Why Should a Journalist Call a Religious Studies Scholar?
Dr. Jordan Rosenblum
Religious Studies Program Director, Associate Professor at the Center for Jewish Studies
Oct. 13, 2017
Too often journalists turn to members of religious groups for information about that religion. While the perspectives of practitioners and religious authorities often enhance a story by providing anecdotal support, one person cannot speak for their whole community. Religious Studies scholars can provide details about the diversity within religions, offering crucial background information for good reporting.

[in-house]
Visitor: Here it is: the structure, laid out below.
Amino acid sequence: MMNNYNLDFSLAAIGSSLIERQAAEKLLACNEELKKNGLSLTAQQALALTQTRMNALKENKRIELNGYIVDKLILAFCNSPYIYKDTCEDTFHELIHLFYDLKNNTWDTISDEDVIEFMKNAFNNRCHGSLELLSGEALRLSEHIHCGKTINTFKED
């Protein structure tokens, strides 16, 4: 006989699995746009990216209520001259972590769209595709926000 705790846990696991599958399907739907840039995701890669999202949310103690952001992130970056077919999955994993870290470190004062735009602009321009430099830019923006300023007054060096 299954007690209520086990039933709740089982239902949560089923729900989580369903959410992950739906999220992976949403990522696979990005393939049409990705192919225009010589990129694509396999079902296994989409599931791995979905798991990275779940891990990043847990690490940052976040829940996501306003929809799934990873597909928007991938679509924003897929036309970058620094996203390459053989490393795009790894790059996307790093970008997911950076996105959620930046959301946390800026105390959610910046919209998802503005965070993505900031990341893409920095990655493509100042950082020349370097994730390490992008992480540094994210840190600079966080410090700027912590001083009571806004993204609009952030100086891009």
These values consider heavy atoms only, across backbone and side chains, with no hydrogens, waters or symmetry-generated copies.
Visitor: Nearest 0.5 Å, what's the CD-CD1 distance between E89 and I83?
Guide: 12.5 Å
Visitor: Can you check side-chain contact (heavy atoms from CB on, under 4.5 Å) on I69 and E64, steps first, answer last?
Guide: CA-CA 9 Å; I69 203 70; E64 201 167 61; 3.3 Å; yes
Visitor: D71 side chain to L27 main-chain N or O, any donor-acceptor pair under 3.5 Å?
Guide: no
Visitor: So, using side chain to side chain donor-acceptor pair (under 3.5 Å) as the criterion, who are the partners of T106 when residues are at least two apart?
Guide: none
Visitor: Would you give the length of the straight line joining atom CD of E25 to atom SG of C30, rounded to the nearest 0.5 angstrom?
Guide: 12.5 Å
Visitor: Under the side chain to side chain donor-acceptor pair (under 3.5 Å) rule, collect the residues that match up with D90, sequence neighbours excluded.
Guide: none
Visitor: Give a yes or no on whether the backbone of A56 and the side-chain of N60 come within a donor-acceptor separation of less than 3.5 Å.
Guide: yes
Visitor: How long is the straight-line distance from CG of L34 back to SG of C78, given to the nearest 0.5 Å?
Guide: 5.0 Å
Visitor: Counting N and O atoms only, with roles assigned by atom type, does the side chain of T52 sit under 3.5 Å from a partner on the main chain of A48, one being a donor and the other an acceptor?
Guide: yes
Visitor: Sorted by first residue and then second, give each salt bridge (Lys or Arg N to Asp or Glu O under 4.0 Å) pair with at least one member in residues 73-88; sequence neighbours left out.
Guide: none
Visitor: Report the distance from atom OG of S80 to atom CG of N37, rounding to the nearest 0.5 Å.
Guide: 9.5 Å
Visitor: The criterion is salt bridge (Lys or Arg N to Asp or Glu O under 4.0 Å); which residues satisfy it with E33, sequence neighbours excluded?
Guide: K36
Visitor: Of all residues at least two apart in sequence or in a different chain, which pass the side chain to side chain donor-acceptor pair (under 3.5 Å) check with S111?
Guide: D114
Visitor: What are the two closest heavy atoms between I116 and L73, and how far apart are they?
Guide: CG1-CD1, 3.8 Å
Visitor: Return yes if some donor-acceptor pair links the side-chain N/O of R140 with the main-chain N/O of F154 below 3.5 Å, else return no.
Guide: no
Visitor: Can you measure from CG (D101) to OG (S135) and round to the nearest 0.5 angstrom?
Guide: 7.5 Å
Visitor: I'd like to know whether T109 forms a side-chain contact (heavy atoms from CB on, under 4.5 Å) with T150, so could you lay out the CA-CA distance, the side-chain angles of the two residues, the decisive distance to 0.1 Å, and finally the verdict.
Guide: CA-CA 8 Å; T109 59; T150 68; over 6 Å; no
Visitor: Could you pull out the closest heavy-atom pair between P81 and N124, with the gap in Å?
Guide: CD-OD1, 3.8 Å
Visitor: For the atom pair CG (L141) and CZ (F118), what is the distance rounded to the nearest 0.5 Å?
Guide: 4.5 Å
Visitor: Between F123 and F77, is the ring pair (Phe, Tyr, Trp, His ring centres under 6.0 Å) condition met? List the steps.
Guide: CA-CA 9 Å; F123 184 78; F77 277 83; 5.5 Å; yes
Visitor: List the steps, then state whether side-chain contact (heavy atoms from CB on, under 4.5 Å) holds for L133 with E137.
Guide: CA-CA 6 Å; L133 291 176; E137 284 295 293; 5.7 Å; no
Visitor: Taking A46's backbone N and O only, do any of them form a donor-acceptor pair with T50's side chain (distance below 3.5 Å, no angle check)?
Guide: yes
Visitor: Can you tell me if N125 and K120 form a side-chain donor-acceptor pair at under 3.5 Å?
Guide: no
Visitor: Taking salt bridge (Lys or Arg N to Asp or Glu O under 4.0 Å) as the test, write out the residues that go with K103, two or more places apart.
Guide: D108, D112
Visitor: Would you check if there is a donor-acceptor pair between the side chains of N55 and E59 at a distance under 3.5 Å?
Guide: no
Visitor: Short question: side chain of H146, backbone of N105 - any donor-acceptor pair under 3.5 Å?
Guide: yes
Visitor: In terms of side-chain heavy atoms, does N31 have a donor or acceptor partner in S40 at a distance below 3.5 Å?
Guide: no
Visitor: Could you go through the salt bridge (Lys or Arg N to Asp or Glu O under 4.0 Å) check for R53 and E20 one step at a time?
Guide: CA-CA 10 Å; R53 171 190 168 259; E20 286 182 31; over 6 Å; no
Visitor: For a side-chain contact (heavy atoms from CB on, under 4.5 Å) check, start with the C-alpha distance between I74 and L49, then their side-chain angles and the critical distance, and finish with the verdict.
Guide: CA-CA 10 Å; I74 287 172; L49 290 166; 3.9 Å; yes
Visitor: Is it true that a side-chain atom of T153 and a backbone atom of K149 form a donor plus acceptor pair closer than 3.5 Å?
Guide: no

Dr. Rosenblum walked those in attendance, including undergraduate journalism and religious studies students, professors, journalists and community members, through a New York Times article, “You Don’t Have to Be Jewish to Love a Kosher Prison Meal.” As a group, we discussed what elements of the article could have been improved by a deeper understanding of Judaism and kosher food. The piece would be helped by a definition of kosher, information about its importance in Judaism, and the general requirements for eating kosher. These few facts would have allowed for a more robust conversation: Why does kosher food cost more money? How does Florida’s history of denying, what the article calls, “religious meals” violate religious freedom? What right does the state have to interrogate whether inmates “hold a sincere belief in Judaism?” Dr. Rosenblum argues that articles like this can be more accurate and unbiased with the help of a Religious Studies scholar.